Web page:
My 2016 reading challenge picks

The haunting story of Angelou's childhood in the American South in the 1930s. If this is one you've been meaning to read, give the audio version a try: Angelou's lilting voice brings her powerful, touching story to life.
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This international bestseller was originally published in Sweden in 2009. It's drawn comparisons to Forrest Gump, because the 100-year-old man of the title finds himself involved in key political moments throughout the course of his long life. Many of you have already read this as your book in translation. Not everyone loves it, but those who do have labeled it "clever," "quirky," and "un-put-down-able."
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There aren't many books that intimidate me anymore, but this 2004 novel is an exception: it's been called "as mysterious as a Zen koan" and that makes me nervous! It's also been called "unique," "interesting," and often, "indescribable." Several reviews on Goodreads simply say, "huh?" But the numerous rave reviews and a nudge from my local bookseller persuaded me to give this one a try.
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I read this as my "book you can finish in a day" for the 2016 Reading Challenge. As expected, it's not exactly scary, but Jackson is sure good at infusing a story with a creepy atmosphere. In this work, her last completed novel before her death, she tells the story of the Blackwood family. Not so long ago there were seven Blackwoods, but four of them dropped dead from arsenic poisoning several years ago and how that happened remains a mystery. Read this during daylight hours: its themes of family secrets, hateful neighbors, and mysterious deaths aren't the stuff of bedtime reading.
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As a foodie memoir devotee, I thoroughly enjoyed this. Journalist Ann Mah moves to Paris when her diplomat husband is given a three-year assignment there. She's overjoyed at the opportunity until he's reassigned to Iraq for a year-long solo stint and must figure out life in Paris on her own. And so she does, one pain au chocolat and boeuf Bourguignon at a time.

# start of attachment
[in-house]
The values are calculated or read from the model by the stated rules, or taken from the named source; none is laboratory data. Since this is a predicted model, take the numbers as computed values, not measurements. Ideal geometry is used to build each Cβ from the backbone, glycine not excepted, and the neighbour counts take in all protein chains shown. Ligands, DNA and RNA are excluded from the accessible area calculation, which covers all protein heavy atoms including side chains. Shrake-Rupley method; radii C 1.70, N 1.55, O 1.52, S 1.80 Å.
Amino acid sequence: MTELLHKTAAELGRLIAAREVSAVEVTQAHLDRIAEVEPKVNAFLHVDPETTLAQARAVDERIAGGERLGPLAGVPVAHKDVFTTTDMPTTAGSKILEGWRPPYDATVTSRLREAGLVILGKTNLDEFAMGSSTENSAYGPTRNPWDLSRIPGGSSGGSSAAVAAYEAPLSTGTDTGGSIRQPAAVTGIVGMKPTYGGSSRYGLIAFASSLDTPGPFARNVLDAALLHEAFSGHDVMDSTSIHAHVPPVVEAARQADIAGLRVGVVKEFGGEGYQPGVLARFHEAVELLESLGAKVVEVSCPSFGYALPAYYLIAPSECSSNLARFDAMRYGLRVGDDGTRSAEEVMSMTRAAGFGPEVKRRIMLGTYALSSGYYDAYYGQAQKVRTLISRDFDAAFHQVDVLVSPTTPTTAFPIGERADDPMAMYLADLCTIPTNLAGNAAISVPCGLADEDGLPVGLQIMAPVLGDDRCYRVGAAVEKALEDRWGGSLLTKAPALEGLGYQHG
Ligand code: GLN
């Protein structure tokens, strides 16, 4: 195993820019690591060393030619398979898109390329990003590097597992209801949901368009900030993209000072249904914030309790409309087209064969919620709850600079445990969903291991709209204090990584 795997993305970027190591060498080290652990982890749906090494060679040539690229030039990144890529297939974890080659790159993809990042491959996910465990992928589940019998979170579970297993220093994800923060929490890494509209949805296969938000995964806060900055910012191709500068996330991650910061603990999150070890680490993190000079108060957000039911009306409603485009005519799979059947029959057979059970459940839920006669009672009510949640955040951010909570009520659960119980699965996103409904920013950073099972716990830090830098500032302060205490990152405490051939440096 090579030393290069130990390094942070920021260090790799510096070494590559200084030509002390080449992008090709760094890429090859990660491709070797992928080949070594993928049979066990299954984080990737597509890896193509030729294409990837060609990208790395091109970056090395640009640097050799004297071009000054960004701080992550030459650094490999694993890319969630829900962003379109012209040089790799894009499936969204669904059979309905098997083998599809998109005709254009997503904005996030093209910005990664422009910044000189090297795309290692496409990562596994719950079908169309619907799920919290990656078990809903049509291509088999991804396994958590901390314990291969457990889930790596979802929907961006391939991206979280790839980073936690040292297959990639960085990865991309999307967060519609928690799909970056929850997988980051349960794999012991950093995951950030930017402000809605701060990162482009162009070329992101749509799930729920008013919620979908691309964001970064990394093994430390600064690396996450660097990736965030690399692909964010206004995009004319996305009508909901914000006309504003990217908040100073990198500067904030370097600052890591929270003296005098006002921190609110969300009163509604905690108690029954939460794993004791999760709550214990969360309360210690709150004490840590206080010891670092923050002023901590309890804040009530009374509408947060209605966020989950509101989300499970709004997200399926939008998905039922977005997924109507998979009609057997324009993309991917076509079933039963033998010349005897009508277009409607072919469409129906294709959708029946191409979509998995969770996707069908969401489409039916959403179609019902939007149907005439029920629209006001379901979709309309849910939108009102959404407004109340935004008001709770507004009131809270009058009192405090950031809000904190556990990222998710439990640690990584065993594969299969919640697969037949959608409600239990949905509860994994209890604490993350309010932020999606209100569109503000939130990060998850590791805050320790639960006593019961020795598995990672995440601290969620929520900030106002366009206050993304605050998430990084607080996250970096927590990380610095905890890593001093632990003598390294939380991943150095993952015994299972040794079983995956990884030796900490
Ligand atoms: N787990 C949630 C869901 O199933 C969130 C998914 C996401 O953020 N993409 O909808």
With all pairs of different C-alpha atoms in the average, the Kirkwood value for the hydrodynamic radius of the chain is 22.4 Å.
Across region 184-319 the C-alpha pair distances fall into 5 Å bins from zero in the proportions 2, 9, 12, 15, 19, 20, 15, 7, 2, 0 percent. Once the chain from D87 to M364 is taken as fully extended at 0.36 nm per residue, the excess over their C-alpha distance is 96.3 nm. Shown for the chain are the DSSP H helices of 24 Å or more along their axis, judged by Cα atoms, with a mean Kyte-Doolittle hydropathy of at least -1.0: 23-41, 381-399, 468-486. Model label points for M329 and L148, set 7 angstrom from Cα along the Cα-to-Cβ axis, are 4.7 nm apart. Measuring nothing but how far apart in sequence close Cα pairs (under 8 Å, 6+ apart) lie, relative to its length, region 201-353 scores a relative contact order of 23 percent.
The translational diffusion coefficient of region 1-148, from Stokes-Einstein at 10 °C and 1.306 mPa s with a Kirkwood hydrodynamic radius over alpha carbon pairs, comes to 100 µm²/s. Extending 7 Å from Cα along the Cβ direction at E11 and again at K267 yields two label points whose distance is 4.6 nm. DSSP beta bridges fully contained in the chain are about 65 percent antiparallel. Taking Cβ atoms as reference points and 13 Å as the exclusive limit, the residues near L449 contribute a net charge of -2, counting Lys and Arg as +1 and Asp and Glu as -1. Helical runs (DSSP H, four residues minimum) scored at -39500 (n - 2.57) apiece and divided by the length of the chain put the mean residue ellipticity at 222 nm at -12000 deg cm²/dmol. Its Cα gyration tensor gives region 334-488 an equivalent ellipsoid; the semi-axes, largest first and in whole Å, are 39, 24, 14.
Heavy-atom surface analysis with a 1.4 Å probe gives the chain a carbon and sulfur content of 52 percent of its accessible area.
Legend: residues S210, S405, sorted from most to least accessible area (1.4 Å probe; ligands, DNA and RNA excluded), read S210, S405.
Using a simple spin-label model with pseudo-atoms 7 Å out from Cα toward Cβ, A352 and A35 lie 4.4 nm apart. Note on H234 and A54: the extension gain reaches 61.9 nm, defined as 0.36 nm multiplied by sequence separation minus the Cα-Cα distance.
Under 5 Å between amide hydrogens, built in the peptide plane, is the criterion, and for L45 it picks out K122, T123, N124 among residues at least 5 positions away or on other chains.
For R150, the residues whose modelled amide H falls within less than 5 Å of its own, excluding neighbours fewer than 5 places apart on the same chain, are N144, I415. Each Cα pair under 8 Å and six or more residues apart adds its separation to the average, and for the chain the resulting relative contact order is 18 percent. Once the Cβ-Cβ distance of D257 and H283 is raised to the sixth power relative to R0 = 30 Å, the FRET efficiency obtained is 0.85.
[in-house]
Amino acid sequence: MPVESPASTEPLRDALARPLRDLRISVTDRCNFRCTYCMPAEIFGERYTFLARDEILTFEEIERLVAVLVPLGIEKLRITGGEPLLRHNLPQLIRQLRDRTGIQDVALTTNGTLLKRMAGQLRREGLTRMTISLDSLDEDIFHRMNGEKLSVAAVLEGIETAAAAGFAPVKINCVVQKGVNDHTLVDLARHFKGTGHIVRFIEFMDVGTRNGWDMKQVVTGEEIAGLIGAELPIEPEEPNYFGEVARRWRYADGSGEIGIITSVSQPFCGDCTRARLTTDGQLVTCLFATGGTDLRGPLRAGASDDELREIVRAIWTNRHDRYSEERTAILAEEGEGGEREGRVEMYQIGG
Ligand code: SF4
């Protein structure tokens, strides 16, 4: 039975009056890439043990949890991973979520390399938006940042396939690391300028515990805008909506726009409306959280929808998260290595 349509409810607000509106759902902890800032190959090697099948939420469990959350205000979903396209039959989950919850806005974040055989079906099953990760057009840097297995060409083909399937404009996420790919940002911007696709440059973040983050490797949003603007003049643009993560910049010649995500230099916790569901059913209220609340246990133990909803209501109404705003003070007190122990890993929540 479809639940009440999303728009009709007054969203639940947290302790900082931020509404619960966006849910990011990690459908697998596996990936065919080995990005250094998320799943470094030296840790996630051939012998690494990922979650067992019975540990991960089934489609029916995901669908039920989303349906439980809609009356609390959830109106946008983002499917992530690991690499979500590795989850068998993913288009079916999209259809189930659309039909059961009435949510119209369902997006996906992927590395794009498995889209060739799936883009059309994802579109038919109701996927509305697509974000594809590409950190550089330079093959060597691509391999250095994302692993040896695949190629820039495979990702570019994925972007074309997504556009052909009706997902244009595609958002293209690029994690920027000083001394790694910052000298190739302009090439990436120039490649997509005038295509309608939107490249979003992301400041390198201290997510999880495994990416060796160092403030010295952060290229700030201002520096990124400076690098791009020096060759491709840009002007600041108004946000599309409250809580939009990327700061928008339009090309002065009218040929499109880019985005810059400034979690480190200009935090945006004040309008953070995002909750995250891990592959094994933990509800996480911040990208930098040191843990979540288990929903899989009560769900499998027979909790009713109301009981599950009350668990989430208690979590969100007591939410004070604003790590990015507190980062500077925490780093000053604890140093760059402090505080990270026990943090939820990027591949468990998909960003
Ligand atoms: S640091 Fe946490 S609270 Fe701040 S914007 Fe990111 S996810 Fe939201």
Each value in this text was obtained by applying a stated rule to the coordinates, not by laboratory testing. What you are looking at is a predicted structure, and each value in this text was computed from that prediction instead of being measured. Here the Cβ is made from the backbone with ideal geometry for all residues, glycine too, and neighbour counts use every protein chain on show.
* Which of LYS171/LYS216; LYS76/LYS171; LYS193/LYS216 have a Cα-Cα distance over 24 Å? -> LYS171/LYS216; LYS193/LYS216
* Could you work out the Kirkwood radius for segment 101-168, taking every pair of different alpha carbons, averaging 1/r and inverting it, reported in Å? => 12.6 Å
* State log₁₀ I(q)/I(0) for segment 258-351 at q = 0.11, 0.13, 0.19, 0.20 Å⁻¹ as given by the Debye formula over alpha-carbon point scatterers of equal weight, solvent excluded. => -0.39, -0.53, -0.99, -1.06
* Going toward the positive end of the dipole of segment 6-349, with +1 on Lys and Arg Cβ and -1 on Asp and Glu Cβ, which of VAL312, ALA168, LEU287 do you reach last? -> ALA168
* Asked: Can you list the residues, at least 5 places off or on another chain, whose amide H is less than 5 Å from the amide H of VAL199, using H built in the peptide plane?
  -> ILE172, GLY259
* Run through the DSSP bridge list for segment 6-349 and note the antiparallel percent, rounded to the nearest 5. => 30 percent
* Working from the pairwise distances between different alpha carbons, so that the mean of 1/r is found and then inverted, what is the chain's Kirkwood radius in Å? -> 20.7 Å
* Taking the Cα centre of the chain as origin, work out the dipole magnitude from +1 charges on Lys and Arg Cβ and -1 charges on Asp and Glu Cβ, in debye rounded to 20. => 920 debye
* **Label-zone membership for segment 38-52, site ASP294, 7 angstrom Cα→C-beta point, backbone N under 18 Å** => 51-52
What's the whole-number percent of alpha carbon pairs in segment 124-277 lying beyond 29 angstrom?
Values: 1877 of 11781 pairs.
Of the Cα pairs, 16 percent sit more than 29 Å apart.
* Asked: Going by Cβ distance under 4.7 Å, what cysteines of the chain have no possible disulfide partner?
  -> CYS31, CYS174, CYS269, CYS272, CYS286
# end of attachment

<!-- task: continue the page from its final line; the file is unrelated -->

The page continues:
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This big, fat, Pulitzer-winning novel has been on my radar for years, so I chose it as one of my 2016 Reading Challenge picks to inspire myself to finally cross it off the list. It's not the kind of book I expected to love: the story revolves around a 3000 mile cattle drive from a dusty Texas border town to the unsettled lands of Montana in the 1880s. Yet I enjoyed it so much. I listened to the audio version of this one (all 36 hours of it—although thankfully at 1.5x speed it didn't take *quite* that long).
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I asked my husband to choose a book for this category. I expected him to recommend a book about technology or business or maybe mountaineering, but he surprised me with this lesser-known classic by the author of The Little Prince. After some quick googling I couldn't be happier with his choice: National Geographic ranked this third on its list of the 100 Greatest Adventure Books of All Time, saying "this remarkable classic attains its high ranking here by soaring both as a piece of writing and as a tale of adventure."
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This classic is set in the Gilded Age among New York City's high society, and depicts the rise and fall of Lily Bart, a young woman trapped by social conventions, a victim both of society and of her own choices. This feels like social commentary and reads like a tragedy, and while I feared it would be boring it was anything but.
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Fans adore this series, and in each book they accompany Mma Ramotswe as she meets her interesting clients, always with very interesting problems. Readers can't help rooting for Mma Ramtoswe as she solves her mysteries; she's funny, smart, and loves to buck convention—very, very tactfully. I thoroughly enjoyed this novel: the tone of this novel wasn't quite like anything I'd ever read, and it was easy to read, in the best sense. I'm looking forward to getting to know these characters better in the series' subsequent installments.
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